Bass Gear Issue 7 : Page 17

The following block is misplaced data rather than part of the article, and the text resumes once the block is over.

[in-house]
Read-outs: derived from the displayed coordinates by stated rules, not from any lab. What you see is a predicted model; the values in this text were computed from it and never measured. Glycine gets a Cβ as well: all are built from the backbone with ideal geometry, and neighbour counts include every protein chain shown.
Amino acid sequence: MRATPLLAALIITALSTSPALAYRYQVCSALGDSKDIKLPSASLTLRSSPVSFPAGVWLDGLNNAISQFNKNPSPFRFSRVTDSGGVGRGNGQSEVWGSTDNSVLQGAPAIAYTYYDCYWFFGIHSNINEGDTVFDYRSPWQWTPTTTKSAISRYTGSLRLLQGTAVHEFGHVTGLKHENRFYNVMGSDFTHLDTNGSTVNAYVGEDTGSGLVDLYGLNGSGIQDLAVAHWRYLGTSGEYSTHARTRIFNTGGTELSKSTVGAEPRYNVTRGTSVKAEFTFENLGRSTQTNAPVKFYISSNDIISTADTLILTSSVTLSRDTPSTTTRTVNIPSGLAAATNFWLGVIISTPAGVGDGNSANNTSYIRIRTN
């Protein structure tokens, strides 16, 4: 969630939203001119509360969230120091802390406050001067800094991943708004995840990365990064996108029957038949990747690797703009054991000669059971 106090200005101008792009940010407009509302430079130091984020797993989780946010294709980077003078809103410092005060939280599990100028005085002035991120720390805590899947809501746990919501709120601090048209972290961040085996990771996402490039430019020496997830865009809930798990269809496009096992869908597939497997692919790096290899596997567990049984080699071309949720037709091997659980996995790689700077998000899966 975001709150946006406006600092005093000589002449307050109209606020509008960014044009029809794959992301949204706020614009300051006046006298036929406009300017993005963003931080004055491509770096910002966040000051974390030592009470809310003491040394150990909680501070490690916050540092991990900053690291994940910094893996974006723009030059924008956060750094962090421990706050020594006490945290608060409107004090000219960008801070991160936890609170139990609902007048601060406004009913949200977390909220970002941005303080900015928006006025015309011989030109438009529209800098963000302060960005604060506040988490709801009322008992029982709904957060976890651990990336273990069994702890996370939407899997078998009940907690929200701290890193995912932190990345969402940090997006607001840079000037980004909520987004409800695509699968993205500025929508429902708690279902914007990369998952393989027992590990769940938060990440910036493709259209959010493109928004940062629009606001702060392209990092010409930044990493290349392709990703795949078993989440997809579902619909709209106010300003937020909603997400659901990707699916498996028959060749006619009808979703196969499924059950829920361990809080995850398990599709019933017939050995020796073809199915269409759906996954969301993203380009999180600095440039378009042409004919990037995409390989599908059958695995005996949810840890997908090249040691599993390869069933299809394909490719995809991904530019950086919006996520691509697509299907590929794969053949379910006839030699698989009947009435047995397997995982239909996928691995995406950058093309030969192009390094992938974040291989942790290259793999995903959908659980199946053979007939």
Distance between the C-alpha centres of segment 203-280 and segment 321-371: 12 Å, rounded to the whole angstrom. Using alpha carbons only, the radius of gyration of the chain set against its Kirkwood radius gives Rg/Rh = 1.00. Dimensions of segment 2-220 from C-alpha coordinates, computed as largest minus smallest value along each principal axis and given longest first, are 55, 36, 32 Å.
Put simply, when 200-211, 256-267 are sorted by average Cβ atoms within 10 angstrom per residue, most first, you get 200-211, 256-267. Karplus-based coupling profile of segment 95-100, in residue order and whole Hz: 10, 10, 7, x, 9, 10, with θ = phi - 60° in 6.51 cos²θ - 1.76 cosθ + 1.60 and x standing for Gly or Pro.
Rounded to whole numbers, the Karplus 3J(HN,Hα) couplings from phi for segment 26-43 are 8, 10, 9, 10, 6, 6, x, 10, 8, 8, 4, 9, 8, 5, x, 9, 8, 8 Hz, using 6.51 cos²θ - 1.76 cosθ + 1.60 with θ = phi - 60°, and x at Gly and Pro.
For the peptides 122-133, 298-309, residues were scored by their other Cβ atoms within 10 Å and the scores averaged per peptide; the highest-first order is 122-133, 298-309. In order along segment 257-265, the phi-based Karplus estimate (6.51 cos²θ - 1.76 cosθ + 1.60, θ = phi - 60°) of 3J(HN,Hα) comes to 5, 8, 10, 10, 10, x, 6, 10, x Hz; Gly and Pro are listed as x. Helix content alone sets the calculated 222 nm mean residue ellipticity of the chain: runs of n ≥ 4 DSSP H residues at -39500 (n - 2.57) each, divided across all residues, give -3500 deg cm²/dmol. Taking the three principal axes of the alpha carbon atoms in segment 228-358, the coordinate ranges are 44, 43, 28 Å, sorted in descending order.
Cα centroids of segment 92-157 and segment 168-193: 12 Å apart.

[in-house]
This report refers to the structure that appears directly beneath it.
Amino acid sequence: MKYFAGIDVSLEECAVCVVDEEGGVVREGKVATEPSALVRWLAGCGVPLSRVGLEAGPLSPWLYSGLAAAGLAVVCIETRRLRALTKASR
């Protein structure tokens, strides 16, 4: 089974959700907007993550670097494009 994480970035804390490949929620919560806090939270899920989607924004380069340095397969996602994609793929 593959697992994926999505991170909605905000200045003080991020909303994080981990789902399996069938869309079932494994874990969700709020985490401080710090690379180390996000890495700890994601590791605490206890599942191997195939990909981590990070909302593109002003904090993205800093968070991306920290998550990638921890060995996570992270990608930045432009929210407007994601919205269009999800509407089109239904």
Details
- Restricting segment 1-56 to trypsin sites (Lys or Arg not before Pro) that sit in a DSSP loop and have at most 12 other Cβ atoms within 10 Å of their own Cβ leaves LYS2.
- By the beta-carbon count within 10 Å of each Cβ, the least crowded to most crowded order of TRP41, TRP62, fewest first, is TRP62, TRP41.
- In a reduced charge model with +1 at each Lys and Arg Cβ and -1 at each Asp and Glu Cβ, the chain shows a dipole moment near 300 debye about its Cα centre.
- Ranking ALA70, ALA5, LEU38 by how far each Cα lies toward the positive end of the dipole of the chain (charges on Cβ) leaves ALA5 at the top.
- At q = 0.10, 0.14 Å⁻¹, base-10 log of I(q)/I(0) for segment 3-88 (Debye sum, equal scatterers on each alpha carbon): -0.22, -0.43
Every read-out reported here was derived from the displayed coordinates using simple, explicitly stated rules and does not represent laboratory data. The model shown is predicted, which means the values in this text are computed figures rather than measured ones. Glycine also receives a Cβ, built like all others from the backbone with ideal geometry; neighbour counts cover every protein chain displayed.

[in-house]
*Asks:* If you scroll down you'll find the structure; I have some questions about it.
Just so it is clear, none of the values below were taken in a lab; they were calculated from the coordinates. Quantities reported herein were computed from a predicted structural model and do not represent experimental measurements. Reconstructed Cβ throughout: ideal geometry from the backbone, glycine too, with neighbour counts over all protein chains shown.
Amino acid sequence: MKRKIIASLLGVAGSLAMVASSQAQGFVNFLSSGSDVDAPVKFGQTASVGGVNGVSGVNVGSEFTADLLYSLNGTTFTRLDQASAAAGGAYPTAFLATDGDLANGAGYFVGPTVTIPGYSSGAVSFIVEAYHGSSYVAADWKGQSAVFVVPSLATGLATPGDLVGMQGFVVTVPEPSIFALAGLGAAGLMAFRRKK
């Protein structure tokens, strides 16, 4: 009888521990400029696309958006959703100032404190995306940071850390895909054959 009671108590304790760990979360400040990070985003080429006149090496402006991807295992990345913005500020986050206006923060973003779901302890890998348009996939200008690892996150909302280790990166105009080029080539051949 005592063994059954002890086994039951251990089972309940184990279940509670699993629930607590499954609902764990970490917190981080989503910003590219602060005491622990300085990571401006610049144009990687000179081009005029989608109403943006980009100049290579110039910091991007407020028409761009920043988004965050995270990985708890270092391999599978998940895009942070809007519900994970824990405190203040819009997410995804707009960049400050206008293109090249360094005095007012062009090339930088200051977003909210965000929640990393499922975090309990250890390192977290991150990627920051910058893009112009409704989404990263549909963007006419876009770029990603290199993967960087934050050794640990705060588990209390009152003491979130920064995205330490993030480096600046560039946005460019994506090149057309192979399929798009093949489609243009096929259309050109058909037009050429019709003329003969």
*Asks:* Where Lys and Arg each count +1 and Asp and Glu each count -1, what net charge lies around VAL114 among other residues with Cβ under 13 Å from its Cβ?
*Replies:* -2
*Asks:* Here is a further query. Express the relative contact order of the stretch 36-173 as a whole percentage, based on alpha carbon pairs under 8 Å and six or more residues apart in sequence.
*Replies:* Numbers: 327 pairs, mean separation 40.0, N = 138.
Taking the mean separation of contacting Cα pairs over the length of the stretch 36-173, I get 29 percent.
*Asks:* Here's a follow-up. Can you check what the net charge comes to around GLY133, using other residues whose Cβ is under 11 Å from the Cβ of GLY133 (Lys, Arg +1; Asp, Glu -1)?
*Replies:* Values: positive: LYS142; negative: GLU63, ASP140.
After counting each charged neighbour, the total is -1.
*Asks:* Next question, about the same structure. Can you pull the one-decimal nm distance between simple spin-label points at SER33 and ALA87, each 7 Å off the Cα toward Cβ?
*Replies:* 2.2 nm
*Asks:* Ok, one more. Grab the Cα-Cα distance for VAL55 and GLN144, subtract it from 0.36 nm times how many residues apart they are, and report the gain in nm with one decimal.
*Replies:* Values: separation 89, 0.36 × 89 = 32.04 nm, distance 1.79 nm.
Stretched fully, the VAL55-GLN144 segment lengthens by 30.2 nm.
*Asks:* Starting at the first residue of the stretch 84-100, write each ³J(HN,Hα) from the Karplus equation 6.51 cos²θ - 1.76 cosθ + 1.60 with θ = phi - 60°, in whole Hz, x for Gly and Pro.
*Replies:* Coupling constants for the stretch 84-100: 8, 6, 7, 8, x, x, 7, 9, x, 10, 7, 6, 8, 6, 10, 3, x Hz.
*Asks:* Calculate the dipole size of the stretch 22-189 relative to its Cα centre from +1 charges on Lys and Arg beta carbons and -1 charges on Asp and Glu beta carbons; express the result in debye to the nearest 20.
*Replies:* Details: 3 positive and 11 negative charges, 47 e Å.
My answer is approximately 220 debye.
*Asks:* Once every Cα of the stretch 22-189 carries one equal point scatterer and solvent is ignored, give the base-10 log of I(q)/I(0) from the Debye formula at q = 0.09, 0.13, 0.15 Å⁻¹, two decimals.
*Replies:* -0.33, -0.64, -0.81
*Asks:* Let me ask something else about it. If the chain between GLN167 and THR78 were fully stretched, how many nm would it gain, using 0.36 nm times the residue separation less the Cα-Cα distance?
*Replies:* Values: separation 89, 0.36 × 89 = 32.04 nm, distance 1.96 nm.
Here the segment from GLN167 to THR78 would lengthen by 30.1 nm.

By Vic Serbe The Company Line Mike Pedulla originally went to New York’s Clarkson University for Engineering, but after only one year, he transferred to the Crane School of Music for a Music degree. For over 35 years now, Mike Pedulla has been applying his love for both engineering and music towards a passion for building superb bass guitars. Just as with other luthiers, the early years were mostly about guitars, but eventually led to bass building as well. His early basses aren’t that unlike what he builds and sells today. They used maple bodies, quarter-sawn maple for the neck (though it has gone from a slab to multi-piece), and Bartolini electronics. He’s been successful since the first run of basses, so he must have had a sixth sense for what bassists wanted from the very beginning. Mike credits much of his early success to Jaco Pastorius’s popularity, since his Buzz model’s focus was to be a top quality fretless bass... a model that remains popular even now (though he also made the fretted version, the MVP, at the time, which also did well). In fact, his fretless basses are known for their “coated” fingerboards, which is basically a refinement of an idea Jaco had. Mike’s very proud of the fact that all his instruments are built completely here in the USA, and insists on a very high level of customer service. Put both of those things behind a product like his, and it’s easy to understand why he’s still around and doing well. Mike did a lot of work for Mark Egan and Tim Landers back in the day, which is where a lot of his feedback came from regarding what works and what doesn’t. Mark Egan plays an MVP to this day, and Tim Landers plays a 4-string Buzz. Interestingly, Tim is featured on the Pedulla web site demoing a Nuance 5-string, and the clip is great. You should visit www.pedulla.com and listen to it. It’s fairly rock-ish and does a good job of showing off how fat and aggressive the Nuance can be. Other well-known names also populate that list, including Doug Johns, who is also featured in this issue in our player interview. Currently, Mike offers several models of basses based on very different designs, each with its own tonal and aesthetic target in the bass market. Each is a culmination of his own design ideas coupled with feedback from the pros. Today, we’re looking at the Nuance. I think you’ll like what you see here. It’s clear from this model that Mike is continuing to advance his craft.
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